Your Guide to Aggravated Assault in Florida
Aggravated assault in Florida is an offense that refers to using a deadly weapon to threaten physical harm to another person, or in conjunction with the intent to commit a felony. It is important to remember that according to Florida state law, assault does not have to include physical contact with the victim.
What is Aggravated Assault?
An attack is considered an assault when another person is in fear of an immediate physical attack. Threatening to beat someone up isn’t necessarily considered assault, there has to be a genuine concern on the part of the victim that they are about to be attacked.
So if someone is attacked from behind, and has no idea that an attack is imminent, this action would not constitute an act of assault, though it would meet the standard for battery. Charging at someone while launching haymakers at them does meet the standard for assault as it is clear to the victim that there is an intention to cause imminent harm to their person.
Assault with A Deadly Weapon
Aggravated assault escalates a simple assault to a felony assault when a deadly weapon comes into play during the assault but without the overt intention to kill.
Under Florida law, a “deadly weapon” refers to “any dirk, knife, metallic knuckles, slungshot, Billie, tear gas gun, chemical weapon or device, or other deadly weapon except a firearm or a common pocket knife, plastic knife, or blunt-bladed table knife.”
So, under the letter of this law, throwing a heavy object at someone’s head would satisfy the standard for aggravated assault, even if the object misses the person’s head entirely.
Assault While Committing Another Crime
Similarly, brandishing a weapon while committing another felony like a robbery, for example, escalates the assault to an aggravated assault in that the person who is forced to give up their wallet, phone and other valuables sincerely believes the assailant will use the weapon to harm or even kill them.
Penalty for Aggravated Assault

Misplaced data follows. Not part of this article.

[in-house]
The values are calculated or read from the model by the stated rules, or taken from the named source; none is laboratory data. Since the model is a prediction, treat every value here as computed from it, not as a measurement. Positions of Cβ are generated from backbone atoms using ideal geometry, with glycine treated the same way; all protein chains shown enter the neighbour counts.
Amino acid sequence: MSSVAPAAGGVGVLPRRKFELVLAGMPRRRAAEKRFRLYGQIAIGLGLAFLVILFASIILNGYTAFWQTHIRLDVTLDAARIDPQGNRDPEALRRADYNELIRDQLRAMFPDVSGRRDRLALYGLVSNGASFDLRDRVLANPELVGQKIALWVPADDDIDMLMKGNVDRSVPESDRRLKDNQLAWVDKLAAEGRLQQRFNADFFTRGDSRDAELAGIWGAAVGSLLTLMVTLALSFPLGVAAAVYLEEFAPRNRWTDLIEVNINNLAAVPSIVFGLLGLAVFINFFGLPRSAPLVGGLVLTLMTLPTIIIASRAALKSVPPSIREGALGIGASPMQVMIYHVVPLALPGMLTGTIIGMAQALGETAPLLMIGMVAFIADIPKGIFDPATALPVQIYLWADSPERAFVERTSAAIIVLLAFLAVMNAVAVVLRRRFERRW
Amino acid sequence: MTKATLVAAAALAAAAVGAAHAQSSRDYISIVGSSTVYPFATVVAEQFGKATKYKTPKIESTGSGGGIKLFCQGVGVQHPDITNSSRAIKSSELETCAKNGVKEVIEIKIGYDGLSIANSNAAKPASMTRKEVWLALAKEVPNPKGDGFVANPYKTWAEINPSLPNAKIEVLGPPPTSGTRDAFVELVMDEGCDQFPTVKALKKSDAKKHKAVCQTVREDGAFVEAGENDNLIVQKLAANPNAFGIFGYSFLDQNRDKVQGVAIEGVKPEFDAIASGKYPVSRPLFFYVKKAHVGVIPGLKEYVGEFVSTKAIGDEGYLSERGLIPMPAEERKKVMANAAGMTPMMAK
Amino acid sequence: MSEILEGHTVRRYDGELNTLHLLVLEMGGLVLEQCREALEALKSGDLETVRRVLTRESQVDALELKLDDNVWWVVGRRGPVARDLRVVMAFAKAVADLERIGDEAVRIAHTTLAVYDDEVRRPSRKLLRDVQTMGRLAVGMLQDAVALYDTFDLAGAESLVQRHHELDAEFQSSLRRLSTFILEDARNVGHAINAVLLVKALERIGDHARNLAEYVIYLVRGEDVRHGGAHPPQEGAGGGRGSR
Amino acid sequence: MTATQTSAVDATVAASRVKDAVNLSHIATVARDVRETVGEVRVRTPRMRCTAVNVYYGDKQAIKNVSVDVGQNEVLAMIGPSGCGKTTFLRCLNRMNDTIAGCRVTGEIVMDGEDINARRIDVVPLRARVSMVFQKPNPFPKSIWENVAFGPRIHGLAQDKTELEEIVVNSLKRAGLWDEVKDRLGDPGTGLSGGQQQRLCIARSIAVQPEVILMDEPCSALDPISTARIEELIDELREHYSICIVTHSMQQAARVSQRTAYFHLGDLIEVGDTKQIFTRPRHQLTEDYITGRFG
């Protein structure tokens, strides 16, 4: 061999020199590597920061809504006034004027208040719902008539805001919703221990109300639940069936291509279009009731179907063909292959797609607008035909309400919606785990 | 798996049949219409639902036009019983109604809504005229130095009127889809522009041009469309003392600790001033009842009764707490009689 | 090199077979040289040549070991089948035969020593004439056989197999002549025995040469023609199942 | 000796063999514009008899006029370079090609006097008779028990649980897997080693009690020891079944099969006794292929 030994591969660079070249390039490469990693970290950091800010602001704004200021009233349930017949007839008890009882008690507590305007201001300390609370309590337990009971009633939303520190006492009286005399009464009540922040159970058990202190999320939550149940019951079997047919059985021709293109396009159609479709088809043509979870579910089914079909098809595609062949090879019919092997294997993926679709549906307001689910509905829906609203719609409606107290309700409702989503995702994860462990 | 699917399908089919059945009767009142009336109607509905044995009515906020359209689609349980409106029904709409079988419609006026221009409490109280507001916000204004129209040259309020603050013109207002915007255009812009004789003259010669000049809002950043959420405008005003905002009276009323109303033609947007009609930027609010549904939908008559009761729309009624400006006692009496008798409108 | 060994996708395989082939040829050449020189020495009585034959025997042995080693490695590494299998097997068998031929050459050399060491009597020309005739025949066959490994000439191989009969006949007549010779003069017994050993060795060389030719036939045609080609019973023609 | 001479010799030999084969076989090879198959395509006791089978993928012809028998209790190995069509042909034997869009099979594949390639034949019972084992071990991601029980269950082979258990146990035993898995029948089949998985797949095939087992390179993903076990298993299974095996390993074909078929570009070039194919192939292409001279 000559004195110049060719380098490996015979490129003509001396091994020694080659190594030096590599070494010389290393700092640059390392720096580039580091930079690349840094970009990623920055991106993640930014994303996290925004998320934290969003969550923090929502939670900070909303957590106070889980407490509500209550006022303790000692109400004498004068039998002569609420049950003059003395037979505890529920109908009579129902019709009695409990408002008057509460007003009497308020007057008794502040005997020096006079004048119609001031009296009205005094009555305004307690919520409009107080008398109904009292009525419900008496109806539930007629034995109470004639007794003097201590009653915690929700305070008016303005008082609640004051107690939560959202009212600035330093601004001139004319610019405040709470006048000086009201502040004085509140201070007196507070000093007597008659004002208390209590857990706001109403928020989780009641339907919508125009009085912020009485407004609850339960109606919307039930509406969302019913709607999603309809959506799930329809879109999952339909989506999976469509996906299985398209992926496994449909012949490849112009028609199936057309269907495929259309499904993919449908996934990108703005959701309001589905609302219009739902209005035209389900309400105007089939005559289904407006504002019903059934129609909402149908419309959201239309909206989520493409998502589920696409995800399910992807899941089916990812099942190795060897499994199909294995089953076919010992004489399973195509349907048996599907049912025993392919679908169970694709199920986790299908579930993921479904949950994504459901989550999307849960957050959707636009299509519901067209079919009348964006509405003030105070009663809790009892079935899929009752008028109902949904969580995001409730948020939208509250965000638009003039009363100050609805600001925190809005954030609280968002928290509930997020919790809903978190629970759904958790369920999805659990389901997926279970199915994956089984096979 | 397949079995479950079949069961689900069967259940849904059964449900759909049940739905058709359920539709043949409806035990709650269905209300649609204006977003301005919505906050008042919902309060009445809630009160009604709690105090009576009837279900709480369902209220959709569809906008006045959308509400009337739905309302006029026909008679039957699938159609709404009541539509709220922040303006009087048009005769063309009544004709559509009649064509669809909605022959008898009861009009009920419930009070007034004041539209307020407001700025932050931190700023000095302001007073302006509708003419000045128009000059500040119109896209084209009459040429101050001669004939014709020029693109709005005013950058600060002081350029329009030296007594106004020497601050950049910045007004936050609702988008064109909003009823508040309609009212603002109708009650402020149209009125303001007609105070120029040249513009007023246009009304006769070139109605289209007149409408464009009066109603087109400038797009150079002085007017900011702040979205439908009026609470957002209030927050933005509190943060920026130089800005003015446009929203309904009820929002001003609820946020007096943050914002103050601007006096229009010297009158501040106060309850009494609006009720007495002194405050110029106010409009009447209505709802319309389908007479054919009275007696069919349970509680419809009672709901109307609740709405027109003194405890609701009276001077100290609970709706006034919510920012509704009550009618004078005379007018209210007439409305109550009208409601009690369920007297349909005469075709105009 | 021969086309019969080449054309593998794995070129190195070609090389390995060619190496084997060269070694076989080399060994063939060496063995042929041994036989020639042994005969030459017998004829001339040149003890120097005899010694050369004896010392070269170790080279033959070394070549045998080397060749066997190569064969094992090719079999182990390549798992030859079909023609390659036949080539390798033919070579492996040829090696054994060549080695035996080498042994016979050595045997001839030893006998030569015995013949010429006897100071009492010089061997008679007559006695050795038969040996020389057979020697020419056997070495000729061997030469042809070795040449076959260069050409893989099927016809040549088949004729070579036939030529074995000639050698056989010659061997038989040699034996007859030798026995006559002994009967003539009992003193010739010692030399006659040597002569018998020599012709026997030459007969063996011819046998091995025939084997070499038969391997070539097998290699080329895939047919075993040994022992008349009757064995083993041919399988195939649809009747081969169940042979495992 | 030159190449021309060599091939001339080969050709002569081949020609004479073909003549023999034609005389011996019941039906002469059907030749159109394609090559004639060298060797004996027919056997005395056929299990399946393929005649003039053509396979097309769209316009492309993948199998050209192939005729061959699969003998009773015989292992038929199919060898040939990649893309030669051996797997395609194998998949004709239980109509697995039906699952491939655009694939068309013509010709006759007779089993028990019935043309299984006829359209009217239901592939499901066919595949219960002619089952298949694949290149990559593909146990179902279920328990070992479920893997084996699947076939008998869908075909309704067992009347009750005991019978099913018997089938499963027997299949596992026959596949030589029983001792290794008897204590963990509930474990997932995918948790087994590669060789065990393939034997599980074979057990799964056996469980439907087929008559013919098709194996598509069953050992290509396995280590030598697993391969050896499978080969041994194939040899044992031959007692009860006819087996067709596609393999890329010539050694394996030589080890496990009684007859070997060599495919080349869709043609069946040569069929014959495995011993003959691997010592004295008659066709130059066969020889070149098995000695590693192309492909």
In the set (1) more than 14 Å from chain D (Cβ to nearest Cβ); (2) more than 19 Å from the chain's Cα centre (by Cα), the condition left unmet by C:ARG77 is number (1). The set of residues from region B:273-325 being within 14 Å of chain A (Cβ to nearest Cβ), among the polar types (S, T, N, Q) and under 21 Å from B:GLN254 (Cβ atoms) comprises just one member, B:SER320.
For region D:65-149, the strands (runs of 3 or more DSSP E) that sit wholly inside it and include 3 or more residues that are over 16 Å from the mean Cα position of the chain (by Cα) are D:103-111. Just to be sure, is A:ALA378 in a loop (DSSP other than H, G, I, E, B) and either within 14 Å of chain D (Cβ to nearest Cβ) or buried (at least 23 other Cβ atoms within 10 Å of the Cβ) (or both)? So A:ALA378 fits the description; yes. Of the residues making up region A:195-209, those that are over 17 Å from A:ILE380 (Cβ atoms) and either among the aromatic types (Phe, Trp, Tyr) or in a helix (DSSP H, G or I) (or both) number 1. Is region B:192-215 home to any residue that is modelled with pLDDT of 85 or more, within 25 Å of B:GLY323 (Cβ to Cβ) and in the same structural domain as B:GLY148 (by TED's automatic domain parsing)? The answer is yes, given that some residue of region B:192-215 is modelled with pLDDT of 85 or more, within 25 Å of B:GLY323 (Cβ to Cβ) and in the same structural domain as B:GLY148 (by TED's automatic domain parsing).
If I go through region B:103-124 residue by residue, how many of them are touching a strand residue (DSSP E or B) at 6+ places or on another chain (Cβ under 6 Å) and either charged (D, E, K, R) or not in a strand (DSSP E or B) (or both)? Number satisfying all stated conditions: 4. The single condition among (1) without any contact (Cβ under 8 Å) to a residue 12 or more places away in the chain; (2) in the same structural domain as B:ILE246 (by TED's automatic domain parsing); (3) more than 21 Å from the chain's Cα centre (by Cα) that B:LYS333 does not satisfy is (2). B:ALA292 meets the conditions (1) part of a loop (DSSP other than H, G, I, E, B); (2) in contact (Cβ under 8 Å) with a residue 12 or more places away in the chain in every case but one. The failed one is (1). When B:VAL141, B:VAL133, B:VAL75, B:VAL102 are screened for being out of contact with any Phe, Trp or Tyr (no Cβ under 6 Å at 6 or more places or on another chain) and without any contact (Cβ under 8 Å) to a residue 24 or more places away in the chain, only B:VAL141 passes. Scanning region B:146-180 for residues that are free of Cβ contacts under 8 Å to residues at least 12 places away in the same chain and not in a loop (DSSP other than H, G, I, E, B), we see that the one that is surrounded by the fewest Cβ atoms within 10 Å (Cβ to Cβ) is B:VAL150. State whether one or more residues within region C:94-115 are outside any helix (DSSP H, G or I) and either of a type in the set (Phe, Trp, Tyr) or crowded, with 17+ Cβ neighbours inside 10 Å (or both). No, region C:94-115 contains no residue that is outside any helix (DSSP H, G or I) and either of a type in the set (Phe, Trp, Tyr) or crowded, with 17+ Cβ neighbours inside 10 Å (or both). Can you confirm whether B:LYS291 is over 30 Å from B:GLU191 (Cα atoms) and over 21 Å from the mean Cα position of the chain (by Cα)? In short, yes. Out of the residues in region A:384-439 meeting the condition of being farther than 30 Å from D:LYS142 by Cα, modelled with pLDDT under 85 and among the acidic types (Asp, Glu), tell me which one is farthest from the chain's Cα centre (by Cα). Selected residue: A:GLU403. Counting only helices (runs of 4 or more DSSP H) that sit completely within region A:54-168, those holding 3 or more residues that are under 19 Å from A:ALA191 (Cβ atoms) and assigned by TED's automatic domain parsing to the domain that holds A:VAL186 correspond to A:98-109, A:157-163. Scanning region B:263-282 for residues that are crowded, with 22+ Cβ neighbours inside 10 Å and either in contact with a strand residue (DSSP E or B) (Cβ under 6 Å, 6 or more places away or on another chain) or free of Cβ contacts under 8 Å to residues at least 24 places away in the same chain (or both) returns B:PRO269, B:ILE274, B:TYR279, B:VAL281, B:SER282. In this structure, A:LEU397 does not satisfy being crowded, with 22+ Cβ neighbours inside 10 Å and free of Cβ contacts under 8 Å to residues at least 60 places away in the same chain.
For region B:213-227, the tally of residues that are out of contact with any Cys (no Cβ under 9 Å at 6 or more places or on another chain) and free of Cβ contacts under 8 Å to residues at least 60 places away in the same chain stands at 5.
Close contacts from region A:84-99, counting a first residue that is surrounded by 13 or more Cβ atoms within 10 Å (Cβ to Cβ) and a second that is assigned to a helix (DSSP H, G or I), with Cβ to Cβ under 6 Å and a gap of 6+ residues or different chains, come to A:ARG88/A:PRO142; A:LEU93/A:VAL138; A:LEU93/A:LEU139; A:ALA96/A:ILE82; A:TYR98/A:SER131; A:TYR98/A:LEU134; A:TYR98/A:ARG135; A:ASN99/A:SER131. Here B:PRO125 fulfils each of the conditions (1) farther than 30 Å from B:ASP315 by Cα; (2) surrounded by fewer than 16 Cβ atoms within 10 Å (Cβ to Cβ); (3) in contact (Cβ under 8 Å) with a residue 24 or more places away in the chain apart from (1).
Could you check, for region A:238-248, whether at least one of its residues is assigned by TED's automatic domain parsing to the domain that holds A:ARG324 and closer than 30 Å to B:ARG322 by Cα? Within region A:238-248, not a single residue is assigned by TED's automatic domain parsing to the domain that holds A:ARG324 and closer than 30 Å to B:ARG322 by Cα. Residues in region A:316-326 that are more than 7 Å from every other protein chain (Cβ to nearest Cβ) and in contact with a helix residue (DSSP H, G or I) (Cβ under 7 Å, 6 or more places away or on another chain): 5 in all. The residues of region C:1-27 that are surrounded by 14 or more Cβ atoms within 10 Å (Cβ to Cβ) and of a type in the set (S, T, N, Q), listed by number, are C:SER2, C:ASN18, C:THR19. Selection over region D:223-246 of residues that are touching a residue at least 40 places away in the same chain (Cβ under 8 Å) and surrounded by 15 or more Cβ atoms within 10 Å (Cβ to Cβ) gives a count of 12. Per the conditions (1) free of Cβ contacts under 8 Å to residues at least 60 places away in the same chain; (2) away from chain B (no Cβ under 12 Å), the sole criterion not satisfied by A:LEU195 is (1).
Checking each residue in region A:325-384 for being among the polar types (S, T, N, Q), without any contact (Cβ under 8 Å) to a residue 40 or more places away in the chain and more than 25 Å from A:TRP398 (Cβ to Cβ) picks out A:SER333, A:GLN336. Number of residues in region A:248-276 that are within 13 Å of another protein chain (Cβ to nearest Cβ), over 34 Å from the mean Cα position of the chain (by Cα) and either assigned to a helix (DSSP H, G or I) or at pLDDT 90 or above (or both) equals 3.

Aggravated assault is a third-degree felony punishable by as much as five years in prison, and a fine of up to $5000.
Domestic Violence – Domestic violence is assault and/or battery where the victim is a domestic partner. To meet the standard of domestic partner, the victim and perpetrator must:
- Be currently living together
- Have lived together formerly
- Have a child or children together
- If there are no children involved, the two must be:
- Former spouses
- Related by blood or marriage
- Currently living together as a family
- Have formerly lived together as a family
Special Victims of Aggravated Assault
Aggravated assault charges can be pursued as a second-degree felony with a maximum sentence of 15 years, if victims meet certain qualifications. These qualifications include being:
- First responders, including officers of the law, emergency medical care providers, and firefighters
- Public transportation workers
- Corrections officers
- Department of Children and Family Services investigators or other personnel
- Any person over the age of 65
- A school employee
Aggravated Assault with A Firearm
Aggravated assault with a firearm in Florida is an extremely serious crime even for a first offender with no criminal record.
A conviction comes with mandatory minimum sentences of no less than 3 years in prison, as many as 20 years if the firearm is discharged during the assault and 25 years to life if death, disfigurement or other grievous injury has been sustained as a result of the attack.
Aggravated assault with a firearm is a charge that more than one horrified person has found themselves facing while sincerely believing they were defending themselves the entire time.